12┃ Colorado Public Works Journal CO/WY Chapter—ACPA @COWYACPA CONCRETE: THE SUSTAINABLE PAVEMENT SOLUTION With a LONG LIFE OF 30 OR MORE YEARS with minimal maintenance, concrete pavements are economically sustainable and cost efficient. Concrete pavement’s lighter color MITIGATES URBAN HEAT ISLAND EFFECTS and can help offset global warming. Smooth, rigid concrete pavements REDUCE VEHICLE FUEL CONSUMPTION. As concrete pavement ages, it ABSORBS CARBON DIOXIDE, helping to reduce the amount of CO2 in the atmosphere.

SPRING-SUMMER 2023┃13 *Offer of 0% is for a loan term of 24 months which offer is only valid from April 1, 2023 through June 30, 2023 on new compact (compact track loaders, compact wheel loaders, micro/mini excavators, skid steer loaders) and small (backhoe loaders, telehandlers, small track type tractors, small wheel loaders) Cat® machines sold by participating Cat dealers to customers in the USA or Canada. The credit of up to $500 USD for a minimum 2yr/1000hr CVA purchase can only be applied toward the purchase of a qualifying Cat Customer Value Agreement (CVA). Purchases (both machine and CVA) and machine delivery must occur during offer period. Offer subject to machine availability and credit approval by Cat Financial. Not all customers will qualify. Amount of the CVA credit cannot exceed the price of the qualifying CVA. CVA must include a minimum 2yr/1000hr Preventative Maintenance Parts Kit, TA1 Annual Inspection, signed CVA contract, and Product LinkTM. Amount of credit towards CVA is the same for all models. Offer may change without prior notice and cannot be combined with any other offers. Additional terms and conditions will apply. Contact Wagner Equipment Co. for details. 0% PERCENT. $0 DOWN. 0 HASSLE. + $500 USD TOWARDS A CAT® CVA* What do you get from Wagner Equipment Co.? Everything you need. Like expert advice and hands-on support. And around-the-clock access to Genuine Cat® Parts. Plus, you get rock-solid savings on Cat compact equipment. SCAN TO SEE ALL YOU CAN SAVE CALL: 303-681-6221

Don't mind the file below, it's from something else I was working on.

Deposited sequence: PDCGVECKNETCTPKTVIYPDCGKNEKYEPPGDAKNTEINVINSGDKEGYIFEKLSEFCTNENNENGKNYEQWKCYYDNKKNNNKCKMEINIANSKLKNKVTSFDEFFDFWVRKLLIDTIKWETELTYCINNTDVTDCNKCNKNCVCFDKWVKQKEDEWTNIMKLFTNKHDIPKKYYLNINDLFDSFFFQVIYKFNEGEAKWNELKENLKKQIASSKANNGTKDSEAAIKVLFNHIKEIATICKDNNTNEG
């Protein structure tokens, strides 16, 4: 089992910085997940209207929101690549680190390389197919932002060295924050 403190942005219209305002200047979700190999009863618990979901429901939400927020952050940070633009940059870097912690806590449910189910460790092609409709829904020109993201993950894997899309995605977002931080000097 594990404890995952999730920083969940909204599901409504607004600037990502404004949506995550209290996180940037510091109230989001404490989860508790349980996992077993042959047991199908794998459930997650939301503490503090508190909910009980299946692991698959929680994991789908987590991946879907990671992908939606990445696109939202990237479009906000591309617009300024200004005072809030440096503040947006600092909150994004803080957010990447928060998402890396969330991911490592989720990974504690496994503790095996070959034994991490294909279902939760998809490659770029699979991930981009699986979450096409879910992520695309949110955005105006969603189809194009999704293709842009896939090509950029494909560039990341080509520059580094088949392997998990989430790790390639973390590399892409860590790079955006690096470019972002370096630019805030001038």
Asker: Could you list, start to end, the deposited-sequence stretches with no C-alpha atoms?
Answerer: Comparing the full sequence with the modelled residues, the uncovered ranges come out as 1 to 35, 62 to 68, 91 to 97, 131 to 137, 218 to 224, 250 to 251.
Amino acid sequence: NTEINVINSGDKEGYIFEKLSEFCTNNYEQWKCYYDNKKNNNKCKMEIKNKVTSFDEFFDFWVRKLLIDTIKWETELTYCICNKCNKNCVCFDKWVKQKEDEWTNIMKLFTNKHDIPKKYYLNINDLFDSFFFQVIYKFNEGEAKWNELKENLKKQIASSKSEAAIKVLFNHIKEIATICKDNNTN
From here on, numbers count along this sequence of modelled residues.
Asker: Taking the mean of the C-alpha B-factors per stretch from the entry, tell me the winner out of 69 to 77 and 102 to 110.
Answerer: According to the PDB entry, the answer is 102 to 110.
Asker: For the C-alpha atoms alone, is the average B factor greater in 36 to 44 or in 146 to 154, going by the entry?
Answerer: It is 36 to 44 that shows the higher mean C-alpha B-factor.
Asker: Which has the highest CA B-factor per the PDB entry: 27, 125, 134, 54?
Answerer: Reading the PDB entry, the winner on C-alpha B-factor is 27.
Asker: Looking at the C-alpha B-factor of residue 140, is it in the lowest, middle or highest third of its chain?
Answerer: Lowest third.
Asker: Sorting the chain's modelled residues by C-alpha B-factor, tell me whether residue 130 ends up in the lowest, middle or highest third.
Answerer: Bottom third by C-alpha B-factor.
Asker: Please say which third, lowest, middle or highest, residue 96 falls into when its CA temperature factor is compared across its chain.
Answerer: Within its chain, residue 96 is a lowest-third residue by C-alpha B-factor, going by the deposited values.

14┃ Colorado Public Works Journal INDUSTRY INSIGHTS feature by Sean O’Keefe After more than 43 years in the industry, Ralph Bell of Castle Rock Construction Company (CRCC) finds himself slowly winding down a prestigious career in concrete paving. Having graduated from the Missouri School of Mines, Bell was working for a predecessor firm, Irving F. Jensen Company, an Iowa concrete paving contractor when one of the four Jensen brothers, Erik Jensen, proposed starting a Colorado division. In 1981 Bell was one of a handful of employees that followed Erik a little further west and he’s been here ever since. “I’ve always loved building things,” says Bell who has been at the helm of Castle Rock Construction Company of Colorado since the LLC was formed in 2002 as a partnership between ownership and a core group of long-term employees. “I enjoy the satisfaction of a successful bid and seeing it to fruition through the efforts of a team of professionals committed to hard work.” Today, CRCC is a recognized leader in Colorado’s concrete paving industry. CRCC offers a full array of construction services associated with roadway construction including earthwork, demolition, and removal of existing roadways, underground utilities, and curb & gutter construction. “CRCC is a mid-size company of about 125 full-time employees. We have been happy to maintain that position while we have watched several local competitors be acquired,” says Bell of CRCC’s market disposition – not status quo but rather quietly confident. “We are advocates for concrete pavement, and sincerely believe concrete is the best long-term investment transportation departments can make in their roadways.” As Bell recalls, when he arrived in 1981 Colorado was very much an asphalt state. Almost nothing was paved in concrete. Having spent more than 40 years building the state’s market for concrete, Bell has seen a lot of change. He is most proud of the fact that the projects he helped build in the 80s and 90s have stood the test of time and still meet everyday demands 30+ years later. “There have been ebbs and flows in the market, but concrete paving can truly last a lifetime. We can look back at the work CRCC did long ago that is still performing well. Concrete does require maintenance, but as a long-term investment, it’s hard to beat,” says Bell. Though there have been countless assignments in Bell’s career, noteworthy mentions in CRCC’s portfolio include Colorado US 36 Boulder Turnpike, Pena Boulevard, several sections of I-225, and numerous other assignments for CDOT and transportation departments across Colorado. “Change is always about finding a better way of doing things. Today we use more environmentally friendly concrete mixes, recycled aggregates, and local aggregates to reduce the impacts of hauling. With the right perspective, challenges become opportunities,” says Bell. He points to a series of formative innovations that have reshaped the industry in the time he’s been involved. The development of Dowel Bar Inserter Pavers replaced basketwelded assemblies as the primary means of laying down concrete roadways about 20 years ago. This introduced tremendous efficiency. Innovations in mix compositions have led to increased ride quality, which has been something of a sticking point with consumers in the past. “Concrete overlays have become more common over the last 10 to 15 years as well,” adds Bell of the process of roto milling an asphalt surface and spreading a 6- to 8” layer of concrete over it. “Those projects are also starting to prove their long-term value through consistent performance. This is a case of trying to help transportation departments spend their money wisely. We’ve done “I enjoy the satisfaction of a successful bid and seeing it to fruition through the efforts of a team of professionals committed to hard work.” Ralph Bell, Castle Rock Construction Company